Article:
I pictured a book somewhere with each unfolded page dedicated to the portrait of that year and flipping through that book in my old age to watch the growth of my family. The first came in 1999, a few weeks before my son’s first birthday.

And we kept the tradition going. When my oldest daughter arrived, she was automatically scheduled for the next picture.

Our youngest had to wait a little longer, though, being born early in the year.

When the kids were all smaller, it was sometimes a stressful afternoon. Try getting three little kids to sit still for the same few seconds is not exactly the easiest thing to do, and I remember one or two of the sessions taking forty minutes and a couple of dozen poses to get one good one. The year my youngest was almost four, we got a pretty good pose on the first try and took it just to avoid any of the sitting still issues we knew were coming. They’re a lot better the last couple of years, and it shows in the lack of stress and exhaustion around my wife’s eyes.

From 1999-2011 is thirteen annual portraits, but that book doesn’t exist yet. However, there are five framed photos on the outside wall of the stairs that lead from the first floor to the second and they contain the most recent five pictures, newest at the bottom. I used to joke that you could watch the growth of the kids and the recession of my hairline as you walked down the stairs. That’s still half true. We’re more than five years past the point I started pulling out the clippers every 2-3 weeks. And, since it’s going to be up year round somewhere, we’ve long since gotten over the Christmas background.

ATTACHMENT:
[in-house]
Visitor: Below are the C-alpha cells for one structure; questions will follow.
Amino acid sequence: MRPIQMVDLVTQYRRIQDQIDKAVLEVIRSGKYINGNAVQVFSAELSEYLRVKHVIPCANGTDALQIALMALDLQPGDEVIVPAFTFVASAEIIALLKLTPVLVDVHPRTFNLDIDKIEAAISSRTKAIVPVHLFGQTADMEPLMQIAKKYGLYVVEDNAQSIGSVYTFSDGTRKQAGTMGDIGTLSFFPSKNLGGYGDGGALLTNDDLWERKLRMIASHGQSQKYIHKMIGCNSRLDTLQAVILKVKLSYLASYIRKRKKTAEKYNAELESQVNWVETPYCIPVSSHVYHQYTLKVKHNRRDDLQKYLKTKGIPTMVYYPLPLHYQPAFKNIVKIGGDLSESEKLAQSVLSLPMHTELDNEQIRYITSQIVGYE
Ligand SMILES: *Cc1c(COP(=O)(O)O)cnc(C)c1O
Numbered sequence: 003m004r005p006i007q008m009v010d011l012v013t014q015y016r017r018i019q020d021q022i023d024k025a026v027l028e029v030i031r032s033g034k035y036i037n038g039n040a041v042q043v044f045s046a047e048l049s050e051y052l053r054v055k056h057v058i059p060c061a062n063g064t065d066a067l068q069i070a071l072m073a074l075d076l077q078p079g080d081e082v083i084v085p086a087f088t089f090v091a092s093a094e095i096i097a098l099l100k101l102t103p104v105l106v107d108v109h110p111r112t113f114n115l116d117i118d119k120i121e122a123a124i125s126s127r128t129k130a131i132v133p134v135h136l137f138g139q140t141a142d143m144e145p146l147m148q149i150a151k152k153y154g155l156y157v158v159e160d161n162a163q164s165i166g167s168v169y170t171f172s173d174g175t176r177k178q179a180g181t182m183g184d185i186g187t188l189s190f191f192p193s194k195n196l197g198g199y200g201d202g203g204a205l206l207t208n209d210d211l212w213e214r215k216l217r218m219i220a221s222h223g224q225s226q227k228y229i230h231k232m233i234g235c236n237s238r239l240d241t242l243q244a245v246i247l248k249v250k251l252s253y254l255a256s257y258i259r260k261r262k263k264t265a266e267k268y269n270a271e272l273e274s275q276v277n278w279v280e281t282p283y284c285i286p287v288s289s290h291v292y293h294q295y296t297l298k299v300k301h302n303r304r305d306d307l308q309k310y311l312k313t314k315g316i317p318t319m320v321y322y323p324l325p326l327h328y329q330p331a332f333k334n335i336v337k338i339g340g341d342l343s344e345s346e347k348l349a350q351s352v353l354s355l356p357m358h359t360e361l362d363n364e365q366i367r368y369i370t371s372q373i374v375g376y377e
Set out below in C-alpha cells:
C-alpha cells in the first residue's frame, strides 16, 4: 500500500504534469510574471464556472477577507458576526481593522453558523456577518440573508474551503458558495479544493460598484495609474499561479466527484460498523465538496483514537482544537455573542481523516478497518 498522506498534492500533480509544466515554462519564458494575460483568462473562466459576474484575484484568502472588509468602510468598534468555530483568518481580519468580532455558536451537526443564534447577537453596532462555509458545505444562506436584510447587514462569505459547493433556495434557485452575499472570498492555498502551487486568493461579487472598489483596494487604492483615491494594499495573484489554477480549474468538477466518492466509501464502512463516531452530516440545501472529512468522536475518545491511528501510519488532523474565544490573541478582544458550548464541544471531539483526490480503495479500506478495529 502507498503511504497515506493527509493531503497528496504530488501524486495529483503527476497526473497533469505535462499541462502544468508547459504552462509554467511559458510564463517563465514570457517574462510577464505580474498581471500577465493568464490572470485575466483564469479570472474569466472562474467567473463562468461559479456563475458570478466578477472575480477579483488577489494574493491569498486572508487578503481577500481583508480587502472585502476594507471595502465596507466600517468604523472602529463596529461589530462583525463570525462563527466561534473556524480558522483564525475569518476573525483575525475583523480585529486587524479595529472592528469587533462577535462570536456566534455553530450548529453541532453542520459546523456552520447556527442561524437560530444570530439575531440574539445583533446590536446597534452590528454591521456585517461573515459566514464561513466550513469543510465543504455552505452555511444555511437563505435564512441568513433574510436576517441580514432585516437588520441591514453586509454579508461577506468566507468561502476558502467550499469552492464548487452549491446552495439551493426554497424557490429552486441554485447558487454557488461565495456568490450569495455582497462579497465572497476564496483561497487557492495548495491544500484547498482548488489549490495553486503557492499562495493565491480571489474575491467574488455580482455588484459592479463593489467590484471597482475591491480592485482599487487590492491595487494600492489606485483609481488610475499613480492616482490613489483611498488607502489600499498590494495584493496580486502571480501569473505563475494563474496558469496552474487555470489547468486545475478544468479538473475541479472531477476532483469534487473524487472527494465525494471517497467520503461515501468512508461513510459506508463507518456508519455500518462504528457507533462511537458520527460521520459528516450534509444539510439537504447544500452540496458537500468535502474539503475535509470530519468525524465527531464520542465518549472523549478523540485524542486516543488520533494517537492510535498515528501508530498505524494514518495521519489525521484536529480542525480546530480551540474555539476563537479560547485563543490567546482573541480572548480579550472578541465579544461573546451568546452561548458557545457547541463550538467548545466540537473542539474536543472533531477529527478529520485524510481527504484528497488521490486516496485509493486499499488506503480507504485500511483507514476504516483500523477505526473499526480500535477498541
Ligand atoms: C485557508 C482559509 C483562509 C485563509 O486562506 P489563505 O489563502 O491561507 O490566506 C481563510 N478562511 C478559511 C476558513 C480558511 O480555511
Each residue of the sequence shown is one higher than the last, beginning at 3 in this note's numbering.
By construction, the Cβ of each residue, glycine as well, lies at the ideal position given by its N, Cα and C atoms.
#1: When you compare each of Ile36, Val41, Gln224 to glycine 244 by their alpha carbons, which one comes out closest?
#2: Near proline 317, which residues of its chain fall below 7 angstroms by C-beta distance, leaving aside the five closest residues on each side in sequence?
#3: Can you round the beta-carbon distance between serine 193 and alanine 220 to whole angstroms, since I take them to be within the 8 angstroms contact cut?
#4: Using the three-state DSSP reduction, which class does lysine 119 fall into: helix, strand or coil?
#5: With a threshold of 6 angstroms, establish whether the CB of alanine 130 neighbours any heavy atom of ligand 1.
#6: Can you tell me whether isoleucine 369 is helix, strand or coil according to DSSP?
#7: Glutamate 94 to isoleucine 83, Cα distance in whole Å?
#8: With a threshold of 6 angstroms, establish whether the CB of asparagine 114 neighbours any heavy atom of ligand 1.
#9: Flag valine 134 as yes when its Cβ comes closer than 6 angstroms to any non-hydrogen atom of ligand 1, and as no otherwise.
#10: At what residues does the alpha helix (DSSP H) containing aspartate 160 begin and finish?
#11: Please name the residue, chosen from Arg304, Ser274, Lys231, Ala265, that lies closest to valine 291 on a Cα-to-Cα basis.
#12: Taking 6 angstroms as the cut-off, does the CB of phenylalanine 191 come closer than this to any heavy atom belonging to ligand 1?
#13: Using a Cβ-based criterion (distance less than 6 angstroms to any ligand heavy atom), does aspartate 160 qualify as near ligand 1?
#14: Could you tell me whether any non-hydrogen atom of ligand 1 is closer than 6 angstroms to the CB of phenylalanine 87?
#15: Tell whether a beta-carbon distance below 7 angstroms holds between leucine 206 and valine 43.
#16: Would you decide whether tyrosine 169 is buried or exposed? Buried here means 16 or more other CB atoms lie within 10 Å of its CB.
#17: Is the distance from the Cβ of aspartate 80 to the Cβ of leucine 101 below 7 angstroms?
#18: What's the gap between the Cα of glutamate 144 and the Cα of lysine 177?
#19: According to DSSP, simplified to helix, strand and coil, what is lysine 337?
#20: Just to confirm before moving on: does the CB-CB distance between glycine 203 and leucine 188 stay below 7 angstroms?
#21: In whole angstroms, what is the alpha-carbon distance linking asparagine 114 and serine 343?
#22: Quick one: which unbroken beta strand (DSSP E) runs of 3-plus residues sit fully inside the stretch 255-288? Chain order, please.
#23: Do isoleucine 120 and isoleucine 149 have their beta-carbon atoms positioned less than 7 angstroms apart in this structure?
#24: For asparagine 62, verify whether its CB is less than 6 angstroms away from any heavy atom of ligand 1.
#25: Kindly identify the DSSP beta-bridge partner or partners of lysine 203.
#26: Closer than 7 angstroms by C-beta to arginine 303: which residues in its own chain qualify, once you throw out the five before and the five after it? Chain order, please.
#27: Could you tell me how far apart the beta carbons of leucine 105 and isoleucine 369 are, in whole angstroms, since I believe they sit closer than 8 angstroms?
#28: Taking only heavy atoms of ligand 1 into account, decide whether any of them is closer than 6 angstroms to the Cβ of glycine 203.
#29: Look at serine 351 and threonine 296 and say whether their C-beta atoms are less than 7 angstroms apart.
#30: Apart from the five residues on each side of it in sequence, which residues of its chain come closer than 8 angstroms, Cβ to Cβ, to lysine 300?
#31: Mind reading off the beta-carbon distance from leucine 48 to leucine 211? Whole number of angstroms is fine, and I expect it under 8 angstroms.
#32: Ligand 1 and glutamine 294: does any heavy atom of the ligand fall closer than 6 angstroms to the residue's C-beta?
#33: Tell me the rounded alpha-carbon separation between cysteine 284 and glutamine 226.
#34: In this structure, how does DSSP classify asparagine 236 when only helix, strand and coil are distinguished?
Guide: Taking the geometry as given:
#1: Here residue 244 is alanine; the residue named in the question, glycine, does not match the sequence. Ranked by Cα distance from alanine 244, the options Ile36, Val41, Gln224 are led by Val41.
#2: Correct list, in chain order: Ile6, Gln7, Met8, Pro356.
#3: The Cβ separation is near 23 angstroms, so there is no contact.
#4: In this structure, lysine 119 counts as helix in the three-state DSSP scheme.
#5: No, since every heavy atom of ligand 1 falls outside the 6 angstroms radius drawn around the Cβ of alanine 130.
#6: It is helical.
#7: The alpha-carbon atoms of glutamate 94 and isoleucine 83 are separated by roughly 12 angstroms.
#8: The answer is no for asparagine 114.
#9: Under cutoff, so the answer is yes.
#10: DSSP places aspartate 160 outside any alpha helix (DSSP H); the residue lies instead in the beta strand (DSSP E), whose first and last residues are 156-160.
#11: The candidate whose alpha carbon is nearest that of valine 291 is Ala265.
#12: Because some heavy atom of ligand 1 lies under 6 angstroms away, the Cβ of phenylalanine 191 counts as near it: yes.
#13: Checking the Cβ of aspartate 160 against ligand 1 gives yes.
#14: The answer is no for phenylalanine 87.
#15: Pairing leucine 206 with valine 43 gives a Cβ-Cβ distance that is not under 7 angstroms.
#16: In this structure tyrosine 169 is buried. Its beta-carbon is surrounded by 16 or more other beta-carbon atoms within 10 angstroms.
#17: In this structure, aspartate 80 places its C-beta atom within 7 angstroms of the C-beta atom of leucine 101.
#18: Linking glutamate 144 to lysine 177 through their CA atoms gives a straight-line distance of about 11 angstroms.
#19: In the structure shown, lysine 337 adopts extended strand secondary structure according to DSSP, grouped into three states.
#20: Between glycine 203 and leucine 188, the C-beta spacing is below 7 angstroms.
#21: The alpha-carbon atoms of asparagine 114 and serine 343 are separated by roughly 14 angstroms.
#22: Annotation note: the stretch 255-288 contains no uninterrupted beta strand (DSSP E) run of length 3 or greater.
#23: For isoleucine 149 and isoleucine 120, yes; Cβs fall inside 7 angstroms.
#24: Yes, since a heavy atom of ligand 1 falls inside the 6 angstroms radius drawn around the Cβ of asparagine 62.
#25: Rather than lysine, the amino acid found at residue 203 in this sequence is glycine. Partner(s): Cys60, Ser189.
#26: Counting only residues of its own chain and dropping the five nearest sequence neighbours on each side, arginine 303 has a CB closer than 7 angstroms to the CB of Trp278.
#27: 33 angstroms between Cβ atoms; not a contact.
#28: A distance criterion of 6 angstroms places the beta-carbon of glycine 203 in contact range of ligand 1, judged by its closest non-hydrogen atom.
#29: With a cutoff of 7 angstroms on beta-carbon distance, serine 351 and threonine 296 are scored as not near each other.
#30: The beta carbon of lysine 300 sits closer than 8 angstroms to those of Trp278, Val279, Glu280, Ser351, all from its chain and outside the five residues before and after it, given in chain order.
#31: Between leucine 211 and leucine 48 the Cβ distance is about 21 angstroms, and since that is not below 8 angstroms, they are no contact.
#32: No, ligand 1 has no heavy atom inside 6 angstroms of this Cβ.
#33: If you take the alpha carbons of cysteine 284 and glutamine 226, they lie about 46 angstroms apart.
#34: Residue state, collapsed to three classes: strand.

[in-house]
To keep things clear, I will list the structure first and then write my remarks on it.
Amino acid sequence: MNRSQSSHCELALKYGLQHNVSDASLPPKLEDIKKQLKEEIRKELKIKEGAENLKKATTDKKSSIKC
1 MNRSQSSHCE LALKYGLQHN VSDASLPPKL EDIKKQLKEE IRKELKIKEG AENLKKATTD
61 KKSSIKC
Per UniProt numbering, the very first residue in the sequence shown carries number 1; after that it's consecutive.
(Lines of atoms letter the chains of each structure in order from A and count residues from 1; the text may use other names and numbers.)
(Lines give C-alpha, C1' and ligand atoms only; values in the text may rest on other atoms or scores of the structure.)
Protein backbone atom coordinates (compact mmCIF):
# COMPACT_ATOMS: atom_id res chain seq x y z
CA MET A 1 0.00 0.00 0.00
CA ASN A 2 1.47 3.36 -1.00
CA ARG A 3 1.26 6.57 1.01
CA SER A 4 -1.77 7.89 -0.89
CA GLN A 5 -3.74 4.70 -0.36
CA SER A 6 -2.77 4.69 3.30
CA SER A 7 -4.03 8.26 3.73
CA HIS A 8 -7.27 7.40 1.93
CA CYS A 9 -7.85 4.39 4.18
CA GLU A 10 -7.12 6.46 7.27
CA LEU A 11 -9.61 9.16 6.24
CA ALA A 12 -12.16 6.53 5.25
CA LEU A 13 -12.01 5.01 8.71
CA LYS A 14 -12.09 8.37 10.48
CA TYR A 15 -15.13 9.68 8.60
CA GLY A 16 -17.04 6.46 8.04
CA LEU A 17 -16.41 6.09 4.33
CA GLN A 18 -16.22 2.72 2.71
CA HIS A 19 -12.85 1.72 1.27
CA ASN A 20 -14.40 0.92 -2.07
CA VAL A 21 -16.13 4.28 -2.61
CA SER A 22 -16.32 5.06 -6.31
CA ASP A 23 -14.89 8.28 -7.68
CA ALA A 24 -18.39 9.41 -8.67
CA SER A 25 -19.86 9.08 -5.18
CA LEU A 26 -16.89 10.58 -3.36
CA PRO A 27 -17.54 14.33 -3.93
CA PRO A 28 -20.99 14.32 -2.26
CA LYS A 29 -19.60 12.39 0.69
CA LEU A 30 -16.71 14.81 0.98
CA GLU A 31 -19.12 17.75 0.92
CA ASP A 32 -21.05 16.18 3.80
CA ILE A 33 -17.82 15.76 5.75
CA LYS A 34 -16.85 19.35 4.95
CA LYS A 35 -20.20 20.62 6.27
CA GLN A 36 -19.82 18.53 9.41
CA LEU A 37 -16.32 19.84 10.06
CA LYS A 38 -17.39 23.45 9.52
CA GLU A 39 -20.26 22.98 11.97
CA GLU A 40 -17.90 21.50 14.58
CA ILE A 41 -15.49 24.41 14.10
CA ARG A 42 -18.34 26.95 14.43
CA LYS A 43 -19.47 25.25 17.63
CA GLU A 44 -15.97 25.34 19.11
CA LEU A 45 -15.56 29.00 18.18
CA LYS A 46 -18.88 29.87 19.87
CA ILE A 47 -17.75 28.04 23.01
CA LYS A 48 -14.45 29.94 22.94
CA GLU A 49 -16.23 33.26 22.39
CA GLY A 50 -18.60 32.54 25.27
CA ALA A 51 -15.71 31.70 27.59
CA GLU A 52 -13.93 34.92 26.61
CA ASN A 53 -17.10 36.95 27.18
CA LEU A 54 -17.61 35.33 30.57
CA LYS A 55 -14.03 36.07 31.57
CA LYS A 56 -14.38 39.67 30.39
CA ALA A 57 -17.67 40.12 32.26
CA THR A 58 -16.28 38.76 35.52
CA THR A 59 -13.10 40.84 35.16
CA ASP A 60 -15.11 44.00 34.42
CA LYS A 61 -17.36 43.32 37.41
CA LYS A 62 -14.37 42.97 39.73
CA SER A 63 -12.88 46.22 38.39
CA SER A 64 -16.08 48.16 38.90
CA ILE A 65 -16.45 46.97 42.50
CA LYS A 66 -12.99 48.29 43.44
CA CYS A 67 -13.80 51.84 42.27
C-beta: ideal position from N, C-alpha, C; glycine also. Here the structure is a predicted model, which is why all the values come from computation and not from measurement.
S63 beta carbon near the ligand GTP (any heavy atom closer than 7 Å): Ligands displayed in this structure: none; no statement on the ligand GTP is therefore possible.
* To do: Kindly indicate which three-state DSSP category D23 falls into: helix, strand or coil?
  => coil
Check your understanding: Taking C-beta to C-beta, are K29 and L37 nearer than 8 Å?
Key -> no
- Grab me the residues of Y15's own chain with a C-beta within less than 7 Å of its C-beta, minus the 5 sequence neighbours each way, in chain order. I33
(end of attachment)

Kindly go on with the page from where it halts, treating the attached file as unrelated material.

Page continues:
But it’s a great tradition, and we’re getting this year’s done today. I expect it to be quick, easy, and stress free. I also expect it to be even better than last year’s photo, and that it will make me sad as it once again rubs my nose in just how big my children are getting.

I’m also trying to convince my parents and sister to do a big one this year. The jury’s still out, but I’m hopeful.

As a side note, maybe someday I’ll get better with a scanner.

Dad Not Required

I have mixed feelings about Halloween this year. No, that’s a lie. The feelings aren’t mixed. They’re definitely wistful and melancholy.

My oldest daughter wanted to go trick or treating with her friends this year. No dad required. <sigh>

My youngest daughter went with friends of ours who were taking their one year-old out for his first. Then we ran into Big Sister with a couple of her friends and they invited Little Sister to come along. No dad required.

My son is in high school now and didn’t feel like trick or treating. He and most of his friends had decided it wasn’t worth the effort. More time effective to buy discounted candy tomorrow. While I can see the logic, it makes me a little sad that he’s outgrown the holiday, or thinks he has. No dad required.